Snowpack above Middle Park a mixed bag despite February storms
USDA-NRCS Kremmling and Walden Field offices
The USDA Natural Resources Conservation Service (NRCS) Kremmling Field Office snow surveyors Mark Volt and Matt Barnes took the March 1 snow survey measurements during the last days of February, when the monthly precipitation for the upper Colorado River Basin returned to near normal at 96 percent of average.
Snowpack in the high-elevation mountains above Middle Park now ranges from 50 percent to 101 percent of the 30-year average, with the highest readings on the southeast side of the valley and the lowest readings on the north side.
This is slightly more than 2002, except for the north side and Jones Pass, which still have even less snow than they did in 2002.
Snow density is averaging 22 percent, which means that for a foot of snow there are 2.7 inches of water. This is less water than normal for this depth of snow on March 1.
Northwestern Colorado and the North Platte River have the lowest snowpack in the state. The highest snowpack, relative to normal, is in the upper Rio Grande Basin and the San Juan Mountains of southwestern Colorado.
Reported readings for the major river basins in Colorado are as follows:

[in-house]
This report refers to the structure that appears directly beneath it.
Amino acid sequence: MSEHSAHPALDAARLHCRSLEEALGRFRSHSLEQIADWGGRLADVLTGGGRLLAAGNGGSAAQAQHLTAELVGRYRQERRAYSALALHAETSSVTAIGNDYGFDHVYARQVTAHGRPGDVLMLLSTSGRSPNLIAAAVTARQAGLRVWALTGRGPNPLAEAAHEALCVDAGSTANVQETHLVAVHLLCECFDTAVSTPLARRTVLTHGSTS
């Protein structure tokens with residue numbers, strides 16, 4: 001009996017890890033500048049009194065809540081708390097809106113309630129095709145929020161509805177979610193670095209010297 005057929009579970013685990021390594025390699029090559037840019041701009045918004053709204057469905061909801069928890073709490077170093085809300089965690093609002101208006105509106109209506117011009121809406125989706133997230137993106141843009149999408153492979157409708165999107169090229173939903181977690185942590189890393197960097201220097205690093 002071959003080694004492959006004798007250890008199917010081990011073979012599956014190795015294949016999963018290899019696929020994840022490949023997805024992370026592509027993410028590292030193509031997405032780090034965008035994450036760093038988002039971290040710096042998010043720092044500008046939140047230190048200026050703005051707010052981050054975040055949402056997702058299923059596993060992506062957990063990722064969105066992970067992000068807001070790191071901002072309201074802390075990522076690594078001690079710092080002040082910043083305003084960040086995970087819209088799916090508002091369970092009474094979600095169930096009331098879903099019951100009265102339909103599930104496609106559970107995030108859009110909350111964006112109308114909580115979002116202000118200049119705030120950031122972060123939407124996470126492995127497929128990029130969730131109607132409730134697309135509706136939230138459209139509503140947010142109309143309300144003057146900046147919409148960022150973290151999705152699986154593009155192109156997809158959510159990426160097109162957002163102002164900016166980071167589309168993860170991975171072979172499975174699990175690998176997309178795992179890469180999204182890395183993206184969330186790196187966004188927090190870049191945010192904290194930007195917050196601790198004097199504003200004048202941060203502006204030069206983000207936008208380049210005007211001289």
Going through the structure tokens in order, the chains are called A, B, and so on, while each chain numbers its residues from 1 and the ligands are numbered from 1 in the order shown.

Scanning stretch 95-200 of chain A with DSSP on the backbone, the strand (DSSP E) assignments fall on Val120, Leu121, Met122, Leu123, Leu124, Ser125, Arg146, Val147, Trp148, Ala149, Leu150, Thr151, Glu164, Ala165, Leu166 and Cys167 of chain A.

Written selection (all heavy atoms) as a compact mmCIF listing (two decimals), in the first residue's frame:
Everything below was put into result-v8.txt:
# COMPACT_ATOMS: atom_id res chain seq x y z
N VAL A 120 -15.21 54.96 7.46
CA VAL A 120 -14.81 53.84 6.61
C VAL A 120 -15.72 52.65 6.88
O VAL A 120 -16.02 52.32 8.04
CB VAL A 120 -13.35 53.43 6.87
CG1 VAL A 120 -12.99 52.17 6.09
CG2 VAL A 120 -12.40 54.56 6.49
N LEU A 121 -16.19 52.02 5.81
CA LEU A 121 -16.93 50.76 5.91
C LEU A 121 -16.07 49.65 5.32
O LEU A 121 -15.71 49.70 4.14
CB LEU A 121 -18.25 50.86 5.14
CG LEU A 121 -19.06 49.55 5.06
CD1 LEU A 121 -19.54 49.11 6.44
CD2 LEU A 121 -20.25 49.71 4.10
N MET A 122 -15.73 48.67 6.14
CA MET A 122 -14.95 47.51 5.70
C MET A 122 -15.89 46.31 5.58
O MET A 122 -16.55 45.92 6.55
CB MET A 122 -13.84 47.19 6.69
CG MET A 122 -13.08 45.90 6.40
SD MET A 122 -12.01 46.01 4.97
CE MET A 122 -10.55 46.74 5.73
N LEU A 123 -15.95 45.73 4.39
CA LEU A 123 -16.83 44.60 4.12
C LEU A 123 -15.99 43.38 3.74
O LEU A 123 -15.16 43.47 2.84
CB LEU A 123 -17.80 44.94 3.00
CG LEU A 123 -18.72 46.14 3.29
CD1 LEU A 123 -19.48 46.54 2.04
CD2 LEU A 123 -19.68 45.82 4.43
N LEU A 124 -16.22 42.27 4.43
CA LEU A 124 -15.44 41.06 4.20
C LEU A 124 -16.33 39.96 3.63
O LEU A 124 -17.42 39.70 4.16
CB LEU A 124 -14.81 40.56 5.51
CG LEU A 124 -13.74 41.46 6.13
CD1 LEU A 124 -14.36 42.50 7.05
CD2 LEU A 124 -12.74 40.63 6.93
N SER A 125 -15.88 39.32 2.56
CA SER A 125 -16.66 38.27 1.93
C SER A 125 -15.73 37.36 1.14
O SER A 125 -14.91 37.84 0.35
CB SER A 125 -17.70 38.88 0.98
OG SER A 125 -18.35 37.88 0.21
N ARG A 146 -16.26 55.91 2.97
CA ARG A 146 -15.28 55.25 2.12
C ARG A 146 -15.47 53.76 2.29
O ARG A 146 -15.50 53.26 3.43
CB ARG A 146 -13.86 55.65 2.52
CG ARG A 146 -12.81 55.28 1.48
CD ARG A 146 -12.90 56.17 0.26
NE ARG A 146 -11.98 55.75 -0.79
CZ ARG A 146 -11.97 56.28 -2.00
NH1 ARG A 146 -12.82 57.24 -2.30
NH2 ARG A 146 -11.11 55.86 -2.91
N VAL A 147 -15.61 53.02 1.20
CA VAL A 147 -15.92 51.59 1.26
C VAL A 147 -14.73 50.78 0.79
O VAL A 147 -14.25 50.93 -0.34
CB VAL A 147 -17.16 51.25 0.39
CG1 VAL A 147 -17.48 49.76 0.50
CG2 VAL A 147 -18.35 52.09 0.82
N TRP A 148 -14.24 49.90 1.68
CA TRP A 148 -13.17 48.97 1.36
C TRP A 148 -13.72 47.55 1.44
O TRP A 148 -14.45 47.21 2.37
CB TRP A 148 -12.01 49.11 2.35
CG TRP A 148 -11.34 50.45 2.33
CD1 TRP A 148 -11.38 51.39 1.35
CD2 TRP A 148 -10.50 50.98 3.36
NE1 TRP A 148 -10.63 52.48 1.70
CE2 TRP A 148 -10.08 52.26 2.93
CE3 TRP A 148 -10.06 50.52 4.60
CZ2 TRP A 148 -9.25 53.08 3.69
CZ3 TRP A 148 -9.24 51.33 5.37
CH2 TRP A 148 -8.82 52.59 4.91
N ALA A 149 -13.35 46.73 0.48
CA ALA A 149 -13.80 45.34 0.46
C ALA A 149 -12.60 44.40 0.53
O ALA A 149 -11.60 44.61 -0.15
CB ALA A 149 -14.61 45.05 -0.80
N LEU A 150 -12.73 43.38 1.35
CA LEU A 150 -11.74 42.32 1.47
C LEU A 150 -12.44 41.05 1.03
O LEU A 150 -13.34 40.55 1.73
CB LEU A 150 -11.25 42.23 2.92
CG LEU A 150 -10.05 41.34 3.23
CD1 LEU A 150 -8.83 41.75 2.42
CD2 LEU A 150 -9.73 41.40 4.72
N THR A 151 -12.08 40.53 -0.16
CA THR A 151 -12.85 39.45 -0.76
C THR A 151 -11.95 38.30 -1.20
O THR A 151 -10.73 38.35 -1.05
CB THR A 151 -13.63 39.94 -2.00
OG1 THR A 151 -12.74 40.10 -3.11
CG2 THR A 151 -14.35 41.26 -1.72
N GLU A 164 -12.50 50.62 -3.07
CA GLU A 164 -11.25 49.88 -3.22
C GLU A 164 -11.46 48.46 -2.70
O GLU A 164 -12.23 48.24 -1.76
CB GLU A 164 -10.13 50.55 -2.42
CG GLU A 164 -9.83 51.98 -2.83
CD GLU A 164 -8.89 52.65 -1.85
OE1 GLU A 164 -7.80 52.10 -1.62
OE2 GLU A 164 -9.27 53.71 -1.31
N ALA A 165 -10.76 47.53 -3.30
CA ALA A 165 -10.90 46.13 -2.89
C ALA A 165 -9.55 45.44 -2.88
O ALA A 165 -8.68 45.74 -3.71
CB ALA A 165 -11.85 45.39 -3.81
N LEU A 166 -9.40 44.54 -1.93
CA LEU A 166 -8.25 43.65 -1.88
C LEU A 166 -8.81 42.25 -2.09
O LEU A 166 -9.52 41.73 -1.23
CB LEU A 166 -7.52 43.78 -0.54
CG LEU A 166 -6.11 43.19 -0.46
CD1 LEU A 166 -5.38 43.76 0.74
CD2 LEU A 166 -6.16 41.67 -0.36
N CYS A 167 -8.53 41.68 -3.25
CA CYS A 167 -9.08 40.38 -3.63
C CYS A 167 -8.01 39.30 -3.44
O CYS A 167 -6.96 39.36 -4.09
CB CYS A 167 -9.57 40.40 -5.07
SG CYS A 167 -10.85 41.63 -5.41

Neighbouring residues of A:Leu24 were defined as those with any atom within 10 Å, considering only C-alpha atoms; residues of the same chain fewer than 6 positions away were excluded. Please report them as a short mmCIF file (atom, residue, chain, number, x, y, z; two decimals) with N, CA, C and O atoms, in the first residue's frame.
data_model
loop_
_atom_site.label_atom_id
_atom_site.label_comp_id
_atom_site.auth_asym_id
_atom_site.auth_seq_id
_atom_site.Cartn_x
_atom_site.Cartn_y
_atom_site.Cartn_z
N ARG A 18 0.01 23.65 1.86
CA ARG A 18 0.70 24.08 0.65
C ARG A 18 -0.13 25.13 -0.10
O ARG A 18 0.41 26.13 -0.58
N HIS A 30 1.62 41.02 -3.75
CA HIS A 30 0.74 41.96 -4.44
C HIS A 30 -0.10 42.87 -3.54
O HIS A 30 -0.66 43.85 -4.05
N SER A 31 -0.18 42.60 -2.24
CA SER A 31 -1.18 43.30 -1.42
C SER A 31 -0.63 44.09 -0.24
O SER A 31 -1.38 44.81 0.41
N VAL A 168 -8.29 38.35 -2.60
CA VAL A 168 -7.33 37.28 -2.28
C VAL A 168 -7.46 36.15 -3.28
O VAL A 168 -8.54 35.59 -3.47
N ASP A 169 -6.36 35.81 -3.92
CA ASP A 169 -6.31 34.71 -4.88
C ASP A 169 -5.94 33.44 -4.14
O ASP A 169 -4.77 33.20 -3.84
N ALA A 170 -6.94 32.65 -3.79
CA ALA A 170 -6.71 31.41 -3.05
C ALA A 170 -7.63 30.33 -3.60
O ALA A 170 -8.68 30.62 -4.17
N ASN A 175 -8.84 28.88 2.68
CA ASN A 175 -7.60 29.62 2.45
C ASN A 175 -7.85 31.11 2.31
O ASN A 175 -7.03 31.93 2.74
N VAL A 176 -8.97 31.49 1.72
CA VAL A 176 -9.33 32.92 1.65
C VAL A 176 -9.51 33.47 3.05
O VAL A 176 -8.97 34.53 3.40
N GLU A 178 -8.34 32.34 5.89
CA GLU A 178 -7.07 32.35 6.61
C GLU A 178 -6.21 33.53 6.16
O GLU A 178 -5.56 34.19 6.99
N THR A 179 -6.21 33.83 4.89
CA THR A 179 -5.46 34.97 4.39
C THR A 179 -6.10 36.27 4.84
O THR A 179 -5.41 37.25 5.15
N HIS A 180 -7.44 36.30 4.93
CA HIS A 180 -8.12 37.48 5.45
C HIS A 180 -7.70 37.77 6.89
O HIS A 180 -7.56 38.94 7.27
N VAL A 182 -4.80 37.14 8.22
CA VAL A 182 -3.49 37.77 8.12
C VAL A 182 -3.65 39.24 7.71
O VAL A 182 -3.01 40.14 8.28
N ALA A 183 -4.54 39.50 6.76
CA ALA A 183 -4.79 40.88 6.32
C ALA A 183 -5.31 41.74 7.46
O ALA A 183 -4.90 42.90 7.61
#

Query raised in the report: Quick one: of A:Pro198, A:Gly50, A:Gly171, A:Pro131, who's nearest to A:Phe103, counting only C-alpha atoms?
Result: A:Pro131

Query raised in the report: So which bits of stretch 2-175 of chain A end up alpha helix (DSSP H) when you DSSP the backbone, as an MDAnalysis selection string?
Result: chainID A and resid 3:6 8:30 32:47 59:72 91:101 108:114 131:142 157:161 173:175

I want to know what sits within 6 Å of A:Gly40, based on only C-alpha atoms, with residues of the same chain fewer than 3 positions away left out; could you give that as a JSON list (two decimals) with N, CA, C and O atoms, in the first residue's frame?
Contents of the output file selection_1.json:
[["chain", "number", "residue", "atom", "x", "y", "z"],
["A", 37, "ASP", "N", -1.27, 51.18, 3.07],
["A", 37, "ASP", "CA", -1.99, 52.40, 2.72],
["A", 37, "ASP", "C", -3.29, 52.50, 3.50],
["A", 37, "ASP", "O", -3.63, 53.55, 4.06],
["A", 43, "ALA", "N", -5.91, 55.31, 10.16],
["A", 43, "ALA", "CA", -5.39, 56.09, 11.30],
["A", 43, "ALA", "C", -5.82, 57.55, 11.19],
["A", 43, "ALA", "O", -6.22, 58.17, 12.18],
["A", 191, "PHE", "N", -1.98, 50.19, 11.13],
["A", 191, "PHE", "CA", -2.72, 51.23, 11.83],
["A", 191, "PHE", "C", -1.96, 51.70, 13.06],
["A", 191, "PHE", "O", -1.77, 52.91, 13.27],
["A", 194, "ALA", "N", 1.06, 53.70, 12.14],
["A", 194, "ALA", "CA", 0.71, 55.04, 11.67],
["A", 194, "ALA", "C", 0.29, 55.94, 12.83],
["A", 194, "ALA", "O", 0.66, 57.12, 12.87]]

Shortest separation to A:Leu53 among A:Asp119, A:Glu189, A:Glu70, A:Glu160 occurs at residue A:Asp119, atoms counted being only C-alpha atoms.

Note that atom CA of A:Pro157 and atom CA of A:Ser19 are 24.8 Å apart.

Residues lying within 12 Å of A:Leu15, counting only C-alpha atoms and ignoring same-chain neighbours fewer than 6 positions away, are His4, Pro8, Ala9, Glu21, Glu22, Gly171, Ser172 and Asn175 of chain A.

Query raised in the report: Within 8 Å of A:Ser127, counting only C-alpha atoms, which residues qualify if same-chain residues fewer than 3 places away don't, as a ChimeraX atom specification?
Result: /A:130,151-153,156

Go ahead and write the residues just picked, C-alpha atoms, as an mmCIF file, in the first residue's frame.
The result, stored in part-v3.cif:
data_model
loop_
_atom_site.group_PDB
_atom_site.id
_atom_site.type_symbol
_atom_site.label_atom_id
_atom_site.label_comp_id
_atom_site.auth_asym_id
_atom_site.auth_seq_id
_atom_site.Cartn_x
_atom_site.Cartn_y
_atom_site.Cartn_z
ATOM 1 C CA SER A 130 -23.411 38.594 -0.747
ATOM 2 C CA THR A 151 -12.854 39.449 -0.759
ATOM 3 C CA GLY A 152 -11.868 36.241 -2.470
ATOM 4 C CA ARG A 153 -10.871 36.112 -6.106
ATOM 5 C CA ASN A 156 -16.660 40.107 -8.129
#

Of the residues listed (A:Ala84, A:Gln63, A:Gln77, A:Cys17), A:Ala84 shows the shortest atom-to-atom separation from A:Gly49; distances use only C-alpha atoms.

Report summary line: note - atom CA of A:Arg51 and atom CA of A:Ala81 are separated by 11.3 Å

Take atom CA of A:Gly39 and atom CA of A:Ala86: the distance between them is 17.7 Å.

• Colorado River Basin averages 79 %
• Gunnison River Basin, 95%
• South Platte River Basin, 78%
• Yampa and White River Basins, 74%
• Arkansas River Basin, 95%
• Upper Rio Grande Basin, 109%
• San Miguel, Dolores, Animas, and San Juan River Basins 105%
• Laramie and North Platte River Basins, 72% of average
Most of the snow courses around Middle Park have been read since the 1940s. Snow course readings are taken at the end of each month, beginning in January and continuing through April. March is historically the snowiest month, and the April 1 readings are the most critical for predicting runoff and summer water supplies, as most of our high country snowpack peaks around that time.
For further information, including real-time snow and precipitation data for SNOTEL (automated Snow Telemetry) sites, visit http://www.co.nrcs.usda.gov/snow/index.html.
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